You don't have to be hearing impaired to appreciate one of Android's best audio accessibility features. This one can notify you when a baby is crying, a smoke alarm is going off, or when various nefarious sounds such as breaking glass are heard.
QR codes are so handy. Nowadays, all you have to do to scan one is open your phone's camera app and tap a button. But creating one is a different story — online QR code generators aren't always trustworthy, and most phones don't have a built-in feature for it. Thankfully, Google Chrome now does.
Apple just rolled out the of iOS 14.5 to developers and beta testers, and one of the headlining features is the ability to keep your iPhone unlocked when your Apple Watch is nearby. As these things tend to go, Android has actually had this same feature for years, though it isn't quite as polished.
Things tend to get noisy when you're in a big group chat, which is why the notification sound for that thread shouldn't be your standard, attention-grabbing ringtone. But you don't want to set the default notification sound to something too subtle, otherwise you'd miss messages that actually matter.
Everyone raves about Gboard and SwiftKey, but the stock Samsung Keyboard on Galaxy devices is awesome in its own right. It's preloaded, so you don't have to do anything to get it, but at the same time, it's packed with features — even some you might not know about.
There's an official way to install apps onto your Android phone using basically any device that has internet access — heck, you can even download new apps from an iPhone and they'll install in seconds on your Android device.
Waking up to buzzing alarm clock is so 20th century. Wouldn't it better if the first sound you heard in the morning was your favorite song? Whether it's a track to get you motivated or something to put a smile on your face, a song can do wonders for your mood and help you start the day right.
Not trying to gatekeep here, but if you're not customizing things on your Android phone, you're doing it wrong. Still, I won't shame you for not knowing what to do if you take this time to learn how to make one of the biggest changes you can make.
Compared to Apple's iOS, the Android operating system has earned a reputation for giving smartphone users more customization options up front — but there are even more Android features to customize hidden from plain view behind secret menus like the developer options. Despite its name, Android's developer options can benefit everyone, but you have to unlock them first.
How To: Check Your Android Security Patch Level to See if You're Protected Against the Latest Vulnerabilities
Numerous potential exploits are found for every operating system each month, and Android is no exception. Trouble is, lots of Android devices don't receive timely updates — but many are now getting regular monthly security patches to at least shore up these vulnerabilities.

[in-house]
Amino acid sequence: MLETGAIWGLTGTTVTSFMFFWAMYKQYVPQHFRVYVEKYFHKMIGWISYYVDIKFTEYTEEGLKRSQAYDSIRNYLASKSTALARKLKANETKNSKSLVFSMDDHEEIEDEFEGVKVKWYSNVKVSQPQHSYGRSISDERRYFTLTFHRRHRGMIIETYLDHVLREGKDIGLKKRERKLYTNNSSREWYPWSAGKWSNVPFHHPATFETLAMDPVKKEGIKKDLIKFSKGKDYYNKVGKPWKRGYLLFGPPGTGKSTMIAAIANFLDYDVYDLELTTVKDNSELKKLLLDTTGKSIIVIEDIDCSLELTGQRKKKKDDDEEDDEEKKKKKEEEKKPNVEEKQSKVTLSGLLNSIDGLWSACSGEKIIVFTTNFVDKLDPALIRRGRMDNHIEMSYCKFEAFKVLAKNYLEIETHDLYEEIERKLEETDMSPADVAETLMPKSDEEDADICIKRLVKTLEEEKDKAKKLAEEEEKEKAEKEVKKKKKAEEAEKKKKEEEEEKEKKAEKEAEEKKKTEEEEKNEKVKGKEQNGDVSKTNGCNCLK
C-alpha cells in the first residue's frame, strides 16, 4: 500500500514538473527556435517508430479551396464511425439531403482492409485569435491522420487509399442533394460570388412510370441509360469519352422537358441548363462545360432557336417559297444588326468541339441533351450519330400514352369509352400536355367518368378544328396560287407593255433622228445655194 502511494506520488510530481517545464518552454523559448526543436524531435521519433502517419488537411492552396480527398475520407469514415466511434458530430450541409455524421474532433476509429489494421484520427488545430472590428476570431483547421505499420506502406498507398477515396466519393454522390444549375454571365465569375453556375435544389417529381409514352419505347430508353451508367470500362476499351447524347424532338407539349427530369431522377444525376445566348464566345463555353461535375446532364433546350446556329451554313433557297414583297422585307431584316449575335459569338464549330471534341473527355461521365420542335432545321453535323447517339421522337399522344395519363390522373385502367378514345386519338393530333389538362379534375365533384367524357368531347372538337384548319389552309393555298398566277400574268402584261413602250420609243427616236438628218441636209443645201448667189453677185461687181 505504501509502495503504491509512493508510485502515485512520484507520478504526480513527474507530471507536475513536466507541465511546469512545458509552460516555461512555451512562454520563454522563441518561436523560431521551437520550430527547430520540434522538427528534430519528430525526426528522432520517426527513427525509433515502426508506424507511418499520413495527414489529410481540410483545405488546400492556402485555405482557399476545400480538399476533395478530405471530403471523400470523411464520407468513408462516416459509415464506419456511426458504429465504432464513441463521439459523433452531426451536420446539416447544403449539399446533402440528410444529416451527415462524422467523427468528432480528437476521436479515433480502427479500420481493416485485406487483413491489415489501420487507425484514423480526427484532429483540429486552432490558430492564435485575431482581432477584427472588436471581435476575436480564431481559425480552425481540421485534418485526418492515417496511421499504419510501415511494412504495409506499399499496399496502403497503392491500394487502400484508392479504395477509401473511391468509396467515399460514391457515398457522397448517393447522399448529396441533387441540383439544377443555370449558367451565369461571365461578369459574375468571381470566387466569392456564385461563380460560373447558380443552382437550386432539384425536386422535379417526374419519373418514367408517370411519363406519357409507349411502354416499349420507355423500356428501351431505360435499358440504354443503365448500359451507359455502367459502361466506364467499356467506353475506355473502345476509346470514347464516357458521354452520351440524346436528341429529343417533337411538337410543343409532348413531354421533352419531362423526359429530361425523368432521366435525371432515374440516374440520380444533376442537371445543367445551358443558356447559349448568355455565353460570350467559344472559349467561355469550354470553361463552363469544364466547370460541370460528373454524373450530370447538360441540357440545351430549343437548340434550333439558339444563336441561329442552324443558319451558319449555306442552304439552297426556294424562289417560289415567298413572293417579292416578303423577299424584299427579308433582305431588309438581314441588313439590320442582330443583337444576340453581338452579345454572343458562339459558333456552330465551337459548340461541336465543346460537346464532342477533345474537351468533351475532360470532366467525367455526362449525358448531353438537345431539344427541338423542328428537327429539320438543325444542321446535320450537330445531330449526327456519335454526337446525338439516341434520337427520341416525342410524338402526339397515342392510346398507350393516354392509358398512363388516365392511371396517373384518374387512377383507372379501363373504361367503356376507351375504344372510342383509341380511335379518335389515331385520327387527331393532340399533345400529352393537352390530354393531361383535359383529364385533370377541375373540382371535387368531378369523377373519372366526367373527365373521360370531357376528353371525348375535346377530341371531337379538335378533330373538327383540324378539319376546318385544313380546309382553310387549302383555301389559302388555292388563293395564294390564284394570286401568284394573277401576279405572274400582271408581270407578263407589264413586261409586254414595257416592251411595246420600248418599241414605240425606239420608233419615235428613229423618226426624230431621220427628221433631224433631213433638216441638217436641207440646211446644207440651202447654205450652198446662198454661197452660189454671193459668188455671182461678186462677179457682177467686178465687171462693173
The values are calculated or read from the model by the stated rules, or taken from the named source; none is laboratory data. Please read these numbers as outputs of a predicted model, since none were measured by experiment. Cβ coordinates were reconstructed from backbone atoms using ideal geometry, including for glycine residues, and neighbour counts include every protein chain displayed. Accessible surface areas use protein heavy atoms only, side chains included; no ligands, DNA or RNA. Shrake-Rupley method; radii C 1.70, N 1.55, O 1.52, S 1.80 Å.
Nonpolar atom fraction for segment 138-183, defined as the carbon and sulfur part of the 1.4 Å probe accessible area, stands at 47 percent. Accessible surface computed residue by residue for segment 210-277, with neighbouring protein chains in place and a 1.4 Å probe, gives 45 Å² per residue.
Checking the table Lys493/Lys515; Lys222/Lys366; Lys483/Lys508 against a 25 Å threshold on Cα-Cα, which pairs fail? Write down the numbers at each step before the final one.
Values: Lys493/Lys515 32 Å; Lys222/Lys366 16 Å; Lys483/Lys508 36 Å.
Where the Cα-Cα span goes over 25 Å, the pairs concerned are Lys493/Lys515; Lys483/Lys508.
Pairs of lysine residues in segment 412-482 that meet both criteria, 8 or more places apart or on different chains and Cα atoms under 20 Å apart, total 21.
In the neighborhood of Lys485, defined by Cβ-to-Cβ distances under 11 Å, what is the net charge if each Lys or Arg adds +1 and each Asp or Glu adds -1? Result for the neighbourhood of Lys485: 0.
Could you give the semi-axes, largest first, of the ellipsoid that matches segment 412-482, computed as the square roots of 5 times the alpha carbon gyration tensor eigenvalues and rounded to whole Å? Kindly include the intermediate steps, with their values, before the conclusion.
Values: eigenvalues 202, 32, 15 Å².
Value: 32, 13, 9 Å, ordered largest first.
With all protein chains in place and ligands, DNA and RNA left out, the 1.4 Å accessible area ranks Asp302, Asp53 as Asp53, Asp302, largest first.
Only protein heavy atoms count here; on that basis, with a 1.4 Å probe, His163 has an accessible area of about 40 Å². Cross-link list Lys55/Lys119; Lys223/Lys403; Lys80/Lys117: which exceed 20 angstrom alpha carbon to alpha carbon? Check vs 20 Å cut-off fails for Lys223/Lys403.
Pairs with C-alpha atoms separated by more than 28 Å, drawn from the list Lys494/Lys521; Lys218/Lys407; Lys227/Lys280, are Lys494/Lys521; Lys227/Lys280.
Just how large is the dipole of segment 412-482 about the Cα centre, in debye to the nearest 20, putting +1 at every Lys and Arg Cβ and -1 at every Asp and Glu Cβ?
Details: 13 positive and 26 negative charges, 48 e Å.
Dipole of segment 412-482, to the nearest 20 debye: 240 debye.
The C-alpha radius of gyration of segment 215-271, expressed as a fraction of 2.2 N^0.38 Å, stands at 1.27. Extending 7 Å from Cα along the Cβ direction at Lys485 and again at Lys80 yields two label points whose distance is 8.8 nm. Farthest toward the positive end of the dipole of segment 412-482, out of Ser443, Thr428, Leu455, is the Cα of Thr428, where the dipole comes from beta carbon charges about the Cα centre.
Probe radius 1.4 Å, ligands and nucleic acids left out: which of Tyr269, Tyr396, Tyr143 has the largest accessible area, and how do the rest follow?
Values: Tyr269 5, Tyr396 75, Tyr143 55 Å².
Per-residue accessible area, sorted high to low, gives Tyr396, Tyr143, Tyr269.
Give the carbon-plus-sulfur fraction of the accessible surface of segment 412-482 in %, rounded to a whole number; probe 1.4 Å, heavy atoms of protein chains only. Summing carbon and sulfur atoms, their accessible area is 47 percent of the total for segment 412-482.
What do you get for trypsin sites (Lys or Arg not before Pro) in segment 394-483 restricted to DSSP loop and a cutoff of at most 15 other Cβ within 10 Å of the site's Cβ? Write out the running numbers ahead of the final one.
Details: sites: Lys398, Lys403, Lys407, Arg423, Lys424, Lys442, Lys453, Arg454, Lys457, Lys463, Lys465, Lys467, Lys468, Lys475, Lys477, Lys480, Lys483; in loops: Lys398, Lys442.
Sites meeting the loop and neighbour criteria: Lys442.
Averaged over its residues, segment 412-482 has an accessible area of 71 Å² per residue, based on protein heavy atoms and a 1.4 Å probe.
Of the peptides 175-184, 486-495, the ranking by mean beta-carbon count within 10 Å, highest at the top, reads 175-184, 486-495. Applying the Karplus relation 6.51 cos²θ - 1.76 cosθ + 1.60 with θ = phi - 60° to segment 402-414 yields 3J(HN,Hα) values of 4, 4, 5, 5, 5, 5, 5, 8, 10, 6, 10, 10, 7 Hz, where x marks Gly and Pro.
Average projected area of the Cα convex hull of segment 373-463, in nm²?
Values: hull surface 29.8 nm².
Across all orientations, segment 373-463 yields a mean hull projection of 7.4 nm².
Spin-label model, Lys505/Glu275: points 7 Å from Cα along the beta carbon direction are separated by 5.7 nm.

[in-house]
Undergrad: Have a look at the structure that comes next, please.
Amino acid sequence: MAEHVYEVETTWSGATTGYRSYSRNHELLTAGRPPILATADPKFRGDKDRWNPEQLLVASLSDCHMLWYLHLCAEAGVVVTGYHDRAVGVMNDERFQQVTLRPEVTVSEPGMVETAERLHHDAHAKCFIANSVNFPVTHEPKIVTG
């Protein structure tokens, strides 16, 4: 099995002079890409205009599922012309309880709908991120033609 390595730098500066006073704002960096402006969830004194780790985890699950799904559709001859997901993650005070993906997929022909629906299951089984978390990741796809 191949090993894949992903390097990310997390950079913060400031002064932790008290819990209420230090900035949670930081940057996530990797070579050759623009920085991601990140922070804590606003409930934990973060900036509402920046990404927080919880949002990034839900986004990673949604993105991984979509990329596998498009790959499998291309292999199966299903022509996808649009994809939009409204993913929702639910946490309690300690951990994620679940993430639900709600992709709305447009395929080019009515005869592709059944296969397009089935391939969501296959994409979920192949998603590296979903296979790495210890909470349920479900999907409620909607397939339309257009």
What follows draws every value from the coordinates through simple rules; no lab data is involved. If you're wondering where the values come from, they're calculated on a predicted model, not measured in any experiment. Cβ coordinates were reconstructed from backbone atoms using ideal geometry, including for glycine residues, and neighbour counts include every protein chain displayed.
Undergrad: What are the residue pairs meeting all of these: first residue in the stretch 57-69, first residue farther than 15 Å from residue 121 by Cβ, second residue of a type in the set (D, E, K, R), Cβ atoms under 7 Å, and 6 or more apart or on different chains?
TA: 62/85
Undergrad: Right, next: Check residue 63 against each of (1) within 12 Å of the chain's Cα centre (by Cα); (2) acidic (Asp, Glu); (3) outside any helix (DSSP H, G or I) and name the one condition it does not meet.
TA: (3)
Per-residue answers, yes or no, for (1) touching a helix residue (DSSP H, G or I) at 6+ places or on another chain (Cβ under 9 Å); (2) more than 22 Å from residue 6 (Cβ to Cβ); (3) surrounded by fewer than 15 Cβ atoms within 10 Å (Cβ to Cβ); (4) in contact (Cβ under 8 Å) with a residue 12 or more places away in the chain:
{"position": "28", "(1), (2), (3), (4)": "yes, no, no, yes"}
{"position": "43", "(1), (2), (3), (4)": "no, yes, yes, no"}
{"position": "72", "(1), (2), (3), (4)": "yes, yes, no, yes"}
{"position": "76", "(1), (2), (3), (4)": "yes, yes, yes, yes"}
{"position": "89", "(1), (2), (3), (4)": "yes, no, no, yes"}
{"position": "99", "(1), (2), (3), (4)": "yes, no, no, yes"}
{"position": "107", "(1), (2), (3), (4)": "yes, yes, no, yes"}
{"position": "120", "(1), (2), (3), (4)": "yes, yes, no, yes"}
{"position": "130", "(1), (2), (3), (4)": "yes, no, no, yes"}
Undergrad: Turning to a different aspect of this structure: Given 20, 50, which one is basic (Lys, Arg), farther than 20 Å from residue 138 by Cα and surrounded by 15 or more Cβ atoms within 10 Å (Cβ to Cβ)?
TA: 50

If you save your passwords in Chrome or even just use Android's default password manager, Google has some new security tools you'll be interested in.
Android's open source nature means it gets modified quite a bit. First, the phone manufacturer will add their customizations, then your carrier will add even more on top of that. Between the two, someone almost always adds a startup sound so that you and everyone around you will hear their jingle every time your phone reboots.
With Samsung's One UI 3.0 update, the main on-screen volume slider has a little menu button on the top of it. Tapping this will expand the slider into a full-blown volume panel, complete with controls for all of the various types of sounds your Galaxy might make. Standard stuff, really, but there's more to it.
Ever typed out a long message on your phone only to find several errors after you hit send? Proofreading would fix this, but anyone who's spent time trying to edit on a smartphone knows how difficult it is. Thankfully, Gboard makes this task easier.
Android phones finally have a true AirDrop alternative called "Nearby Share." The new feature was added through an update to the Google Play Services app that comes pre-installed on all Android devices in the US, so you don't even have to wait on a firmware upgrade — it's just there.
If you're using Samsung's default keyboard on a Galaxy or Gboard on any Android phone, here's a cool trick you should know about.
In the past, if you upgraded to a new Galaxy or if you had to factory reset your existing one to fix an issue, you had to restore your home screen layout manually. Your wallpaper, widgets, icon placement, and launcher settings were all dependent on you to be put back in their place. Thankfully, this isn't an issue anymore.
When using your right hand, Gboard's one-handed mode will help you type faster with a single thumb. But not all of us hold our phones the same way — some of us prefer our left hand or hold our phones higher or lower than where the keyboard is positioned. But with the latest version of Gboard, you can change this.
If your phone has an A/B partition layout, there are two virtual hard drives that each contain a copy of Android. After every restart, it picks a partition to boot from, then the other lays idle. The idle partition can be overwritten with a new copy of the OS and it won't affect the active one. So the next time you reboot, it just switches partitions and it's as if you updated instantly.
Not every app is designed well. With nearly 3 million apps on the Play Store and countless more that you can sideload from other sources, there are bound to be a few stinkers. And many of them do a terrible job using RAM.